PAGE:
March 22, 2007 10:28am CST
"Put on the whole armor of God, that ye may be able to stand against the wiles of the devil." (ASV) While I'm sure this verse (or others like it) has been used many times over the years to justify warfare and bloodshed, when taken in context we see that it is talking about a different type of battle. Not a battle of men killing men, but one that takes place on a spiritual level. This type of battle is just as deadly, though in a more eternal manner, but because it is subtle and covert, many don't realize it is being waged within their own souls. In Ephesians 6, Paul warns us to be prepared to do spiritual battle. But what is "the whole armor of God"? While I'm usually partial to the ASV, I'll use the NIV for most of this one because it's easier to see the metaphor there. The pieces of the armor of God are listed this way: "the belt of truth," "the breastplate of righteousness," "feet fitted with the readiness that comes from the gospel of peace," "the shield of faith," "the helmet of salvation," and "the sword of the Spirit, which is the Word of God." (Ephesians 6:14-17 NIV) The first piece Paul mentions is the "belt of truth." Truth is something that often seems to have gone missing from our world today. Paul knew though that if we are to stand up to temptation and lies that we would need to know what truth is. Also, we need to be seen as men and women of character, so that others might believe us when we speak. While at times it may seem more convenient in the short term to speak pretty lies as a way of preserving the peace, we as Christians are called to be honest and truthful at all times, lest our lies taint our testimony. Next comes "the breastplate of righteousness." While it is true that no human is righteous apart from the grace of God, we that no longer stand under judgment can lay claim to God's righteousness. Because Christ has taken our sins upon Himself, we are once again seen pure and clean in the eyes of God. In this way we now have attained righteousness, despite our own failings and misdeeds. Because God has justified us in this way, we can now lay claim to his righteousness and repel the lies the enemy uses such as "you're not good enough" or "you've messed up too much." A third piece is "feet fitted with the readiness that comes from the gospel of peace." While there are many interpretations of this particular passage, I choose to believe that Paul's words here were echoed later in his letter to the church at Philippi. "For to me to live is Christ, and to die is gain." (Philippians 1:21 ASV) What he was saying was that we don't need to fear this battle because we know how it will come out in the end. We know that Christ has already secured us a place in heaven, so why should we fear anything, even death? Next comes "the shield of faith, with which you can extinguish all the flaming arrows of the evil one." (Ephesians 6:16 NIV) Our faith in God can indeed shield us from the attacks of evil. Because we know that we serve a just, loving God, we know that He will not allow us to come to any temptation that He will not also help bring us out of. "There hath no temptation taken you but such as man can bear: but God is faithful, who will not suffer you to be tempted above that ye are able; but will with the temptation make also the way of escape, that ye may be able to endure it." (1 Corinthians 10:13 ASV) Once we have shielded our body, we must also protect our minds with "the helmet of salvation." To me this refers to the fact that salvation is assured to those who have accepted Christ. It has long been questioned whether it is possible for us to lose our salvation by doing bad things. I wholeheartedly believe that the answer is no, and Paul makes an argument for this case in the book of Romans: "We reckon therefore that a man is justified by faith apart from the works of the law." (Romans 3:28 ASV) The final piece of our spiritual armor is "the sword of the Spirit, which is the Word of God." The weapon we are provided to use against Satan and against evil in general is God's Word. A shame then, that so many do not know it. One of my favorite lyricists, Matt Morginsky of the OC Supertones put it this way: "How will you stand if you don't understand? Fight like a man, scriptures in hand." (Grounded, Chase the Sun) Without a firm grounding in the Word, we as Christians can't stand in the face of temptation and doubt. We have no way to defend our faith because we don't even really know what it's all about. So how about you? Are you prepared for spiritual battle? Will you be ready when the enemy attacks? Will you be able to stand in the face of temptation?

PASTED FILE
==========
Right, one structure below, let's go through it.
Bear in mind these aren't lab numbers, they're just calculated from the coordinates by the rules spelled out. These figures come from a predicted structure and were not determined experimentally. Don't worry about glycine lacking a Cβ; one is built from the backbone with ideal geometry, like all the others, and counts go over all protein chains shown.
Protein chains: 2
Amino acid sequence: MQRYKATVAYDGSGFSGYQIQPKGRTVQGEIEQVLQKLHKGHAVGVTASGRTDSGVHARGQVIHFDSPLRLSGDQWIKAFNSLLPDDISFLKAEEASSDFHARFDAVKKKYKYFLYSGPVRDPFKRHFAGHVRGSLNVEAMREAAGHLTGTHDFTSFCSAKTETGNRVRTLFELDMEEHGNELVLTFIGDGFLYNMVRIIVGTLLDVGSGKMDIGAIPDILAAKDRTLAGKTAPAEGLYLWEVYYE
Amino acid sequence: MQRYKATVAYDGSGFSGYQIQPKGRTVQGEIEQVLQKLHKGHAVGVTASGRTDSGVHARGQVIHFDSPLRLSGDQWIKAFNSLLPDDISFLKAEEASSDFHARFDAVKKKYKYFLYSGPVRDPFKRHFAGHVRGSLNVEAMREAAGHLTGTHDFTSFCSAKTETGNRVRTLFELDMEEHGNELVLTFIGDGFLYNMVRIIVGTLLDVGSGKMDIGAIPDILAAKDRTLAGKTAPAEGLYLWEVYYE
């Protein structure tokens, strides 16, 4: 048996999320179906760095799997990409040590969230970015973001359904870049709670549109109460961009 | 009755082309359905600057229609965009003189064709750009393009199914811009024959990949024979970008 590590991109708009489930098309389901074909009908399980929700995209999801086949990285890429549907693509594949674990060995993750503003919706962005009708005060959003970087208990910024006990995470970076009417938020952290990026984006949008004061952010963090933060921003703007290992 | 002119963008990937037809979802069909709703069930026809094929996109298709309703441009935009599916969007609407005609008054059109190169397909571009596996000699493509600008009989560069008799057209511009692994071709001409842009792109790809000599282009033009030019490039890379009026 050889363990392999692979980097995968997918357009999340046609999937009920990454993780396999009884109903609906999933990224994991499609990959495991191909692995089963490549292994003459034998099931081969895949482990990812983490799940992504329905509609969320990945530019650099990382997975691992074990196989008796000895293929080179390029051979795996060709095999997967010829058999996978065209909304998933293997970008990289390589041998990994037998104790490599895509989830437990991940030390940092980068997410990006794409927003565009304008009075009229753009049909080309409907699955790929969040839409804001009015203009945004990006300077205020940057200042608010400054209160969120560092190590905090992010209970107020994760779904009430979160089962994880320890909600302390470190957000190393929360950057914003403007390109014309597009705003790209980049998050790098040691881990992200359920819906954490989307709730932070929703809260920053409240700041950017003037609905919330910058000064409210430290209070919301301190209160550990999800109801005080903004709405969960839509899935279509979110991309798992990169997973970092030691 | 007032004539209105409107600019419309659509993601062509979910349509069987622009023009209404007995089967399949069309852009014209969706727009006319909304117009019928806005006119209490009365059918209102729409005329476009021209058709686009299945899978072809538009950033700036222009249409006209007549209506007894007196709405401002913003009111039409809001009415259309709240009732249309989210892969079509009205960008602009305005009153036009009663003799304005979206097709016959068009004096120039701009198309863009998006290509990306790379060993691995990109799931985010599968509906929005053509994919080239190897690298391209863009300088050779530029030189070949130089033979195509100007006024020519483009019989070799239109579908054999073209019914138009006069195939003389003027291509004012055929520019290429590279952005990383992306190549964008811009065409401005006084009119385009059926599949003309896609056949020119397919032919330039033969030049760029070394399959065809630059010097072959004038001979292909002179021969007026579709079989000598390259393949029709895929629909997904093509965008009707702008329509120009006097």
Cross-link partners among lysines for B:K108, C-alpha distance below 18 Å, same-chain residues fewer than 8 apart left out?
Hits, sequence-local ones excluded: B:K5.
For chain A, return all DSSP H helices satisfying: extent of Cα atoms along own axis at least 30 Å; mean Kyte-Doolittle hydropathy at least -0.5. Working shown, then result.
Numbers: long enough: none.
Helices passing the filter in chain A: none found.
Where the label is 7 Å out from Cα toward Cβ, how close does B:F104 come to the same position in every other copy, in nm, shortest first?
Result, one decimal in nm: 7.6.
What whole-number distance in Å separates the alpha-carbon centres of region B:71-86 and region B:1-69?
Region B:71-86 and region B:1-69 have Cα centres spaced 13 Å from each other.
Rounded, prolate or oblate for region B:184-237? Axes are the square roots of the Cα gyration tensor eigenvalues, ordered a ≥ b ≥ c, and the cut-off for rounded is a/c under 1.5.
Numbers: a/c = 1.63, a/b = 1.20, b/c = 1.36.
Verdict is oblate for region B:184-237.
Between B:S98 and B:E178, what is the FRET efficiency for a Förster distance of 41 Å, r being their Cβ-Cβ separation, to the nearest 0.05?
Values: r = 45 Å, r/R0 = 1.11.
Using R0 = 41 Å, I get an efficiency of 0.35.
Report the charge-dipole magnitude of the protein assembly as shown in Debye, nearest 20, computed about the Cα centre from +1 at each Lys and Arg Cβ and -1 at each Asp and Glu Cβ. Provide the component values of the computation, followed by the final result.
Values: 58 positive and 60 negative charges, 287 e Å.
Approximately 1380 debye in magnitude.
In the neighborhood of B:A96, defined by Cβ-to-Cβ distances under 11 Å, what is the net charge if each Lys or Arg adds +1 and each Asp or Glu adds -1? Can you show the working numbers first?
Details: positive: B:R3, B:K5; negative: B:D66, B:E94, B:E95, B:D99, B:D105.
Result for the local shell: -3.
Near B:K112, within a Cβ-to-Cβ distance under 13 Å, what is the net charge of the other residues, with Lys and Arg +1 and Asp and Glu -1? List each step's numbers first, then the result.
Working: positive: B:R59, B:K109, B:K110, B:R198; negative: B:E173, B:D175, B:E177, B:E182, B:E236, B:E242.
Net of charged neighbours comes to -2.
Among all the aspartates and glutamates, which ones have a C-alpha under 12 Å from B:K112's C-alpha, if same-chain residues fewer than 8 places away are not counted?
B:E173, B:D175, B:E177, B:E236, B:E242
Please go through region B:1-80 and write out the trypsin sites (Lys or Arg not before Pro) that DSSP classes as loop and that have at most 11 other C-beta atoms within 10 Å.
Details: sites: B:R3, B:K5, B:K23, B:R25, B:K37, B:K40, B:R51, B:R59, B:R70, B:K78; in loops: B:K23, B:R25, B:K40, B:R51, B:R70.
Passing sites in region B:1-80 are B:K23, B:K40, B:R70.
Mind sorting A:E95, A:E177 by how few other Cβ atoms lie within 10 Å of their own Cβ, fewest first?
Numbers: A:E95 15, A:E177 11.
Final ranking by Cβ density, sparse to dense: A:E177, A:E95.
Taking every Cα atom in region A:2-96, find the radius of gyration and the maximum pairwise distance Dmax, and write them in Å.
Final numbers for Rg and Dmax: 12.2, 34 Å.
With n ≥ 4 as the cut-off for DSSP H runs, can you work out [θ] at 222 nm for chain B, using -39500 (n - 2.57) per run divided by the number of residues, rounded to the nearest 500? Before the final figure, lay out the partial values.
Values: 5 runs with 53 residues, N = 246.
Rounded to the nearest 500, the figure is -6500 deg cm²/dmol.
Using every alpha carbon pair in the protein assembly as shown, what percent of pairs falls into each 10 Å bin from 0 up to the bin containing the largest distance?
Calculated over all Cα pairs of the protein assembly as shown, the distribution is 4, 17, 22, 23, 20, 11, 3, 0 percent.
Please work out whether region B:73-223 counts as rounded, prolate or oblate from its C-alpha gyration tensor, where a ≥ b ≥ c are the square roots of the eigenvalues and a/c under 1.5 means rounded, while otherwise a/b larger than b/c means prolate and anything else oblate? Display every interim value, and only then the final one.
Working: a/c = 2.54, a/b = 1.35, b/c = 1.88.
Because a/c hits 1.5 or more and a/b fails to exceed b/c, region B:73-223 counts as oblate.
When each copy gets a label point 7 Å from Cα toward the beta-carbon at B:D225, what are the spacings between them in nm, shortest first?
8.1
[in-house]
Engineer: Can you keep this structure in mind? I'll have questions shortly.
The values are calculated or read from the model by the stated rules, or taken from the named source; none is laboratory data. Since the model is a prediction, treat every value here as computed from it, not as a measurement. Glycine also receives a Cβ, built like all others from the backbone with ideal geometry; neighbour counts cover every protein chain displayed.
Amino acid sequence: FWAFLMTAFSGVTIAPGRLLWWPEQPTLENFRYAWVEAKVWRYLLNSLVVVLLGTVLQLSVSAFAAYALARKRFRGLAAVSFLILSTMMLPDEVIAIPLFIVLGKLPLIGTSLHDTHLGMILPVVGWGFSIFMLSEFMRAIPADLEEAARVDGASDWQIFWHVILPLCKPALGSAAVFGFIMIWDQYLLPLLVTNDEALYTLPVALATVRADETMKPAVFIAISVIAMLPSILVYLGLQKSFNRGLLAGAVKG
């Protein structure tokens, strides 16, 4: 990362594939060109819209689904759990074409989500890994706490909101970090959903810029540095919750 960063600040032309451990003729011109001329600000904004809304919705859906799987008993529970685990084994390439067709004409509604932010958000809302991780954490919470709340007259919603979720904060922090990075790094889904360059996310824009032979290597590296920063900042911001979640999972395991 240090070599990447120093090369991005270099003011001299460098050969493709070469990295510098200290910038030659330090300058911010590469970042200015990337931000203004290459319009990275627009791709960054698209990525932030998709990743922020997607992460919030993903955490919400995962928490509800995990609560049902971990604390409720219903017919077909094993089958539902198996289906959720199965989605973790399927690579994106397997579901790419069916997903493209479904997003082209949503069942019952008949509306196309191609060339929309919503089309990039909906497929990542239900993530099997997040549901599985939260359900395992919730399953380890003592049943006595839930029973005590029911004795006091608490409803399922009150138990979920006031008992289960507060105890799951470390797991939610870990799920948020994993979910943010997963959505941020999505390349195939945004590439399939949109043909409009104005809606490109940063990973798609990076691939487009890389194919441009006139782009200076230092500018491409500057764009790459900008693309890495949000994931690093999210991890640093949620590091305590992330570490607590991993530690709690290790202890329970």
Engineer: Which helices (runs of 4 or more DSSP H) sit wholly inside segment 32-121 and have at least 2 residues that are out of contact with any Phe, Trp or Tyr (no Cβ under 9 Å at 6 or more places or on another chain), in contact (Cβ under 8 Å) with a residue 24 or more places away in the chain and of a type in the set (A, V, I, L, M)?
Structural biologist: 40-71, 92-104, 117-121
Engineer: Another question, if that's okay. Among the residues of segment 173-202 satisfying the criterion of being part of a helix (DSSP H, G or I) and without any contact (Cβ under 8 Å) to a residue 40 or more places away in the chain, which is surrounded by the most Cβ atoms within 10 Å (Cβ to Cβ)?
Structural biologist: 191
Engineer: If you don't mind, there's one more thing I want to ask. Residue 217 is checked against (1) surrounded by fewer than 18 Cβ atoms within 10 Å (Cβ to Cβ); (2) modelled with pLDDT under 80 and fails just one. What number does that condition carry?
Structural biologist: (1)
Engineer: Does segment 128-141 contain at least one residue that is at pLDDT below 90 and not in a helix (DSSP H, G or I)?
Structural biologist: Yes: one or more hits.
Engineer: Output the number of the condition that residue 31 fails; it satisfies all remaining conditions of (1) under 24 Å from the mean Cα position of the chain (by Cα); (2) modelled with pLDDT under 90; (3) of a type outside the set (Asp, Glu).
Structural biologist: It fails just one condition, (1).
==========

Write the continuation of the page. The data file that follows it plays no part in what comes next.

2 people like this
• United States
23 Mar 07
I am trying to arm myself. I think my biggest problem is learning not to respond angrily when someone is short or rude to me. My husband just spoke rudely to me and I know he is tired but I snapped right back at him. Sometimes I react to my emotions rather than taking a deep breath and arming myself. Hopefully I will do better next time.
• United States
23 Mar 07
I think we all fall into that trap at times. (I know I sure do!) Still, I think the more we try to change that habit, and the closer we get to really knowing God, the less likely we will be to speak in anger instead of love. Of course, none of us will be perfect until we get to heaven, so don't beat yourself up over it or anything. Just pray that God will give you more patience with people and that you'll see them as He sees them.